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if you had 200 SURF descriptors in your vocabulary, your bowDescriptor will have 200 numbers, each the distance from the SURF descriptor of your image to one of the features in the vocabulary.

if you had 200 SURF descriptors in your vocabulary, your bowDescriptor will have 200 numbers, each the distance from the SURF descriptor of your image to one of the features in the vocabulary.

to compare 2 images this way, you extract the bowFeatures for both images, and compare those (instead of comparing the images themselves, or the SURF descriptors)

if you had 200 SURF descriptors in your vocabulary, your bowDescriptor will have 200 numbers, each the distance from the SURF descriptor of your image to one of the features in the vocabulary.

to compare 2 images this way, you extract the bowFeatures for both images, and compare those (instead of comparing the images themselves, or the SURF descriptors)

the most simple algorithm for this is nearest-neighbour search.

given, you have a vector of bowFeatures (your train-set), and a test candidate, it's as simple as:

vector<Mat> images; // keep for later
... train bow dictionary, and compute / collect bowFeatures from train-set:
vector<Mat> bowTrain = ...;

Mat bowTest = computeBowFeatureFromTestImage(img);

int best=0;
double minDist = 999999999;
for (size_t i=0; i<bowTrain.size(); i++)
{
double dist = norm(bowTrain[i], bowTest[i]); //calc L2 distance
if (dist < minDist) // keep the one with smallest distance
{
minDist = dist;
best = i;
}
}

Mat bestImage = images[best];


but, ofc, this is a very primitive / blunt way to do it. in real life, you want to train something more sophisticated, like Knn or Svm.

if you had 200 SURF descriptors in your vocabulary, your bowDescriptor will have 200 numbers, each the distance from the SURF descriptor of your image to one of the features in the vocabulary.

to compare 2 images this way, you extract the bowFeatures for both images, and compare those (instead of comparing the images themselves, or the SURF descriptors)

the most simple algorithm for this is nearest-neighbour search.

given, you have a vector of bowFeatures (your train-set), and a test candidate, it's as simple as:

vector<Mat> images; // keep for later
... train bow dictionary, and compute / collect bowFeatures from train-set:
vector<Mat> bowTrain = ...;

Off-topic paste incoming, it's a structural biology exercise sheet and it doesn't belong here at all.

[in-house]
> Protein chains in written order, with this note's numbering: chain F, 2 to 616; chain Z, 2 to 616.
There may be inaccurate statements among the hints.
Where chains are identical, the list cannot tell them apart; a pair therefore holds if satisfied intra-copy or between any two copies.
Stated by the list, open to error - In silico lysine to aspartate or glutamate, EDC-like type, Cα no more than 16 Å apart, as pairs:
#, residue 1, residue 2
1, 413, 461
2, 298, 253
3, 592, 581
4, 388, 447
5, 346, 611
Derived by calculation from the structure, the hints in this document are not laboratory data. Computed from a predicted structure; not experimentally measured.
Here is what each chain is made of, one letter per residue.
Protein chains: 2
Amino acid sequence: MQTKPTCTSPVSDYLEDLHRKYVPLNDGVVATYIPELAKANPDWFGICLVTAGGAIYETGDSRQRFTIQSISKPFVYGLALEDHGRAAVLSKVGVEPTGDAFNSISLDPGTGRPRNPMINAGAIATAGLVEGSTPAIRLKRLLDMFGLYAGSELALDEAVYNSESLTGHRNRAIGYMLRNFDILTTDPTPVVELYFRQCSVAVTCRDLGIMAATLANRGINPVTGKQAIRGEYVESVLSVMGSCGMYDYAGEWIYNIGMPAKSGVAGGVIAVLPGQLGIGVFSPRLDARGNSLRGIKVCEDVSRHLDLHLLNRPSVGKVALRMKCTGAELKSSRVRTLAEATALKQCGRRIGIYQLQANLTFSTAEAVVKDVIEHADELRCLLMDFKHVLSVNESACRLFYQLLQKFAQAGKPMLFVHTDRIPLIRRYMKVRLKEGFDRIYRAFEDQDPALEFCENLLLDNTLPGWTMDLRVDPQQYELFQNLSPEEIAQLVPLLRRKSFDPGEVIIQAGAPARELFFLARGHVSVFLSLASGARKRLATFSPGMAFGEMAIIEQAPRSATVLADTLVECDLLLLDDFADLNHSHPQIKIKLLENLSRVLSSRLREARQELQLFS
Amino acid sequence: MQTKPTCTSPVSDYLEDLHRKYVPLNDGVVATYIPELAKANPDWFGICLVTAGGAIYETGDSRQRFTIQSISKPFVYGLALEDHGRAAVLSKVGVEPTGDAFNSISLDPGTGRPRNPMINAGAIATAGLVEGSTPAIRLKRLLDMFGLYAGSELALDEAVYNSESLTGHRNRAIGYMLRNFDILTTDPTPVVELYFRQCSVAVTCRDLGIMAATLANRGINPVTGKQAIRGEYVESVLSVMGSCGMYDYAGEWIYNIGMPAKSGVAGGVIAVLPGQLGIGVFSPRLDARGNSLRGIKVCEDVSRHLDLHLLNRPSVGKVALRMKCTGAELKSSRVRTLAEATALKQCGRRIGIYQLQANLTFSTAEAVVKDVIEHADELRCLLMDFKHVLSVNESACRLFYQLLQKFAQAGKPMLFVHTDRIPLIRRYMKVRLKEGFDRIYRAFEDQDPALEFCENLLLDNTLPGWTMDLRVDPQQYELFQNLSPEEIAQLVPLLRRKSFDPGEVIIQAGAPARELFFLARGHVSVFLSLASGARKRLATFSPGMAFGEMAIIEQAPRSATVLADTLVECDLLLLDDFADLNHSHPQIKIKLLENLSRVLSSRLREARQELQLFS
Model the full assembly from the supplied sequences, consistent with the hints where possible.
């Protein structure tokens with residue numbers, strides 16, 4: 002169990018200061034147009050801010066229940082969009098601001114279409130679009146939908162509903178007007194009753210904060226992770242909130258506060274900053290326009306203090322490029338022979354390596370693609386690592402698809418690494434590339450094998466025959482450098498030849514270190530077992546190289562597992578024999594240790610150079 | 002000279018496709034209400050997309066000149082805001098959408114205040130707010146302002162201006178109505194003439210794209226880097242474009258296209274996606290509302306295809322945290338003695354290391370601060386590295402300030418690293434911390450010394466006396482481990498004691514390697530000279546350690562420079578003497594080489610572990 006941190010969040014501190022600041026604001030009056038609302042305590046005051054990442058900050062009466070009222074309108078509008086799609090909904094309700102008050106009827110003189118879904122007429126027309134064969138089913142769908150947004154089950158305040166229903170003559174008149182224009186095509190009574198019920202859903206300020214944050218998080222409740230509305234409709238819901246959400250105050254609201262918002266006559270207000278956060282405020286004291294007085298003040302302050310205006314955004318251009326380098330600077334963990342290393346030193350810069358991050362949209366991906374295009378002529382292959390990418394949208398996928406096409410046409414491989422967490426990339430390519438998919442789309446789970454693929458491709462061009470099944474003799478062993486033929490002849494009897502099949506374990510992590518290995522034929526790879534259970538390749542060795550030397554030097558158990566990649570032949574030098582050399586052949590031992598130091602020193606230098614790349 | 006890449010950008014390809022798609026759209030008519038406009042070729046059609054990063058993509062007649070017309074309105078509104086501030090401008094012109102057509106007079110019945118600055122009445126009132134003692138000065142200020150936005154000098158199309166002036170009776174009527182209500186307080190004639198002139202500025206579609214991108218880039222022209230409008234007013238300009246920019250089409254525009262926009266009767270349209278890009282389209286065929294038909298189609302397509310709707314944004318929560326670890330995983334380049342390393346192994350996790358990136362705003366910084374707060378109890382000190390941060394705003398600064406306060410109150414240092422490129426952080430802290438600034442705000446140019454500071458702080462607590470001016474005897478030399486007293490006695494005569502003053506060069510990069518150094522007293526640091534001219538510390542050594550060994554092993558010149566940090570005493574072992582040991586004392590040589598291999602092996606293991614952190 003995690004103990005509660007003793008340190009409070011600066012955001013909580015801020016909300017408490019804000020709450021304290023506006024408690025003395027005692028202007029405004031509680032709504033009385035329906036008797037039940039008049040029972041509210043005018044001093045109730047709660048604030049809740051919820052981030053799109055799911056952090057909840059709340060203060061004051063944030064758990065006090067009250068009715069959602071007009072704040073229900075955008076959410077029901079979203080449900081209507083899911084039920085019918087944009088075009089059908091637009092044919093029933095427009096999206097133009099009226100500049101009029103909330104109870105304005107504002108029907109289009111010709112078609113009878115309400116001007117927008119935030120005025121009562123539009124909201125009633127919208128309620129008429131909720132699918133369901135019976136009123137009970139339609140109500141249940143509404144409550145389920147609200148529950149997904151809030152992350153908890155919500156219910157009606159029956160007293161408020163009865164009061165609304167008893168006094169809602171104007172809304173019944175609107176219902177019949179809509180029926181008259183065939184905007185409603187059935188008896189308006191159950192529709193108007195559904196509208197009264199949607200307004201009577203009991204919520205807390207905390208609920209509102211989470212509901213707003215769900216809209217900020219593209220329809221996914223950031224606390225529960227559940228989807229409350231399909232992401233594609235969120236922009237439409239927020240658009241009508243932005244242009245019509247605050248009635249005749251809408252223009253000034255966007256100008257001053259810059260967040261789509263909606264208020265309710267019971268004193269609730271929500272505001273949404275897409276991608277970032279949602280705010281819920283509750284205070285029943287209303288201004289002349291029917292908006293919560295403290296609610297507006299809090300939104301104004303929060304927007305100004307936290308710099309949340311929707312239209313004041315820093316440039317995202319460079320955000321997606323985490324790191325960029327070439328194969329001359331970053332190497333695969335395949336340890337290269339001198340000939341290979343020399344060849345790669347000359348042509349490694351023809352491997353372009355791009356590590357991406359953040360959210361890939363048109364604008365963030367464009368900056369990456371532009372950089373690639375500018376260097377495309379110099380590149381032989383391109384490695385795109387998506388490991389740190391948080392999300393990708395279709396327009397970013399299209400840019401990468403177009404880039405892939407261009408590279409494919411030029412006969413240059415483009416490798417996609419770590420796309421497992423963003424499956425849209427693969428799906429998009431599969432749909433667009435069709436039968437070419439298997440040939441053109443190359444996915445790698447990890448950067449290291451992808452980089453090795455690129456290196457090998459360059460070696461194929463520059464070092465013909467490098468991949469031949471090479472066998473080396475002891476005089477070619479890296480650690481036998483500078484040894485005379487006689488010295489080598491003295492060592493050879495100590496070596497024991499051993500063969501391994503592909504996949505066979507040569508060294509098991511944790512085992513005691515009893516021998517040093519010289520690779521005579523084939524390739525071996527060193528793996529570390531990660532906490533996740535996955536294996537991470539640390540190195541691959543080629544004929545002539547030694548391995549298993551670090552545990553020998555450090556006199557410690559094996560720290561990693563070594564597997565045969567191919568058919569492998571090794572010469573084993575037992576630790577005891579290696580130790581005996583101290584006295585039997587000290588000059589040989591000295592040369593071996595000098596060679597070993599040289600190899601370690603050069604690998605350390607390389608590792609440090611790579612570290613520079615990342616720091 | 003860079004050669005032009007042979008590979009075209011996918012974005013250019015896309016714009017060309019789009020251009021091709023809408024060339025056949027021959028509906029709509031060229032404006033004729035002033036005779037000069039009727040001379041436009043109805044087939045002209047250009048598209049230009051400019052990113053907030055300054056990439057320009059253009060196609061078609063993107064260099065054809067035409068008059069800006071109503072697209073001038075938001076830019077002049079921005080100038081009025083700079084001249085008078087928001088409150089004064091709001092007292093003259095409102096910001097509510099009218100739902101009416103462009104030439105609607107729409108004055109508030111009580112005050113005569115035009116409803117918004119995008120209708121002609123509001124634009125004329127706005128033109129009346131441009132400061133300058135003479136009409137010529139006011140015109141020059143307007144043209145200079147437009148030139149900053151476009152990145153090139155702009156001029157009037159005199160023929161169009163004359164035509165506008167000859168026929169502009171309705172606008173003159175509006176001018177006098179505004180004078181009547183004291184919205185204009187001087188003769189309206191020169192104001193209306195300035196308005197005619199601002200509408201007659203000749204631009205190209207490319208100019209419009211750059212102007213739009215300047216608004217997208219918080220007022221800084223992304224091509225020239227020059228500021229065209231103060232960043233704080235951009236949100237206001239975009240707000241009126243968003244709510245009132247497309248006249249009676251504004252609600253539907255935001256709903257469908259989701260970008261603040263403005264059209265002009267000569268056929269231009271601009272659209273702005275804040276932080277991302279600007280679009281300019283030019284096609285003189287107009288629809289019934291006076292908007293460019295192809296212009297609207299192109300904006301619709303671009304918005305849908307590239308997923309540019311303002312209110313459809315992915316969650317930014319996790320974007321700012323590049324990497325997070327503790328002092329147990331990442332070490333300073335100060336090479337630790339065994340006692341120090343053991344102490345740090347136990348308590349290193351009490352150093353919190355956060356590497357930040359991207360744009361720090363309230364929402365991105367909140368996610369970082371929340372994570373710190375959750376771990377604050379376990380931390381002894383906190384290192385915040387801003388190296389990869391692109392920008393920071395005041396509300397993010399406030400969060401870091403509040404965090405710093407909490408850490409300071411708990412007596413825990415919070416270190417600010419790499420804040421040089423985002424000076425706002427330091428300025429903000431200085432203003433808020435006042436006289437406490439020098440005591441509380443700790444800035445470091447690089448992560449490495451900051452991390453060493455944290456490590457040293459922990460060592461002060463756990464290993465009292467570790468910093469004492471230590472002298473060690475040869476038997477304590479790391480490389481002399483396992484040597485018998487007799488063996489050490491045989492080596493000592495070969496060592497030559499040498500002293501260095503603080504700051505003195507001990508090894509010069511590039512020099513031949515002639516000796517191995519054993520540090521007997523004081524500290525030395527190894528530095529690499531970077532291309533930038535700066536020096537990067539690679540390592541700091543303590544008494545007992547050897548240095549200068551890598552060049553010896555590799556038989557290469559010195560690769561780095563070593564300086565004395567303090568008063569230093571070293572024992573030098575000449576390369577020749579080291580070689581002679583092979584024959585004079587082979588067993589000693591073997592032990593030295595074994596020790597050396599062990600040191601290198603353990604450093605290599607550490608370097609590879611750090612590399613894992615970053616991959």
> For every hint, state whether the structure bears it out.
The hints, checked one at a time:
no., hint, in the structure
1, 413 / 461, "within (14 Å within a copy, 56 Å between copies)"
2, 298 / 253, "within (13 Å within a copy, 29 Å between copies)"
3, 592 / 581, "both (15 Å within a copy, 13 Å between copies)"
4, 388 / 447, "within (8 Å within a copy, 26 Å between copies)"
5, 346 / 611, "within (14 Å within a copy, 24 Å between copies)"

Mat bowTest = computeBowFeatureFromTestImage(img);

int best=0;
double minDist = 999999999;
for (size_t i=0; i<bowTrain.size(); i++)
{
double dist = norm(bowTrain[i], bowTest[i]); //calc L2 distance
if (dist < minDist) // keep the one with smallest distance
{
minDist = dist;
best = i;
}
}

Mat bestImage = images[best];


but, ofc, this is a very primitive / blunt way to do it. in real life, you want to train something a more sophisticated, sophisticated classifier, like Knn or Svm.

if you had 200 SURF descriptors in your vocabulary, your bowDescriptor will have 200 numbers, each the distance from the SURF descriptor of your image to one of the features in the vocabulary.

to compare 2 images this way, you extract the bowFeatures for both images, and compare those (instead of comparing the images themselves, or the SURF descriptors)

the most simple algorithm for this is nearest-neighbour search.

given, you have a vector of bowFeatures (your train-set), and a test candidate, it's as simple as:

vector<Mat> images; // keep for later
... train bow dictionary, and compute / collect bowFeatures from train-set:
vector<Mat> bowTrain = ...;

Mat bowTest = computeBowFeatureFromTestImage(img);

int best=0;
double minDist = 999999999;
for (size_t i=0; i<bowTrain.size(); i++)
{
double dist = norm(bowTrain[i], bowTest[i]); bowTest); //calc L2 distance
if (dist < minDist) // keep the one with smallest distance
{
minDist = dist;
best = i;
}
}

Mat bestImage = images[best];


but, ofc, this is a very primitive / blunt way to do it. in real life, you want to train a more sophisticated classifier, like Knn or Svm.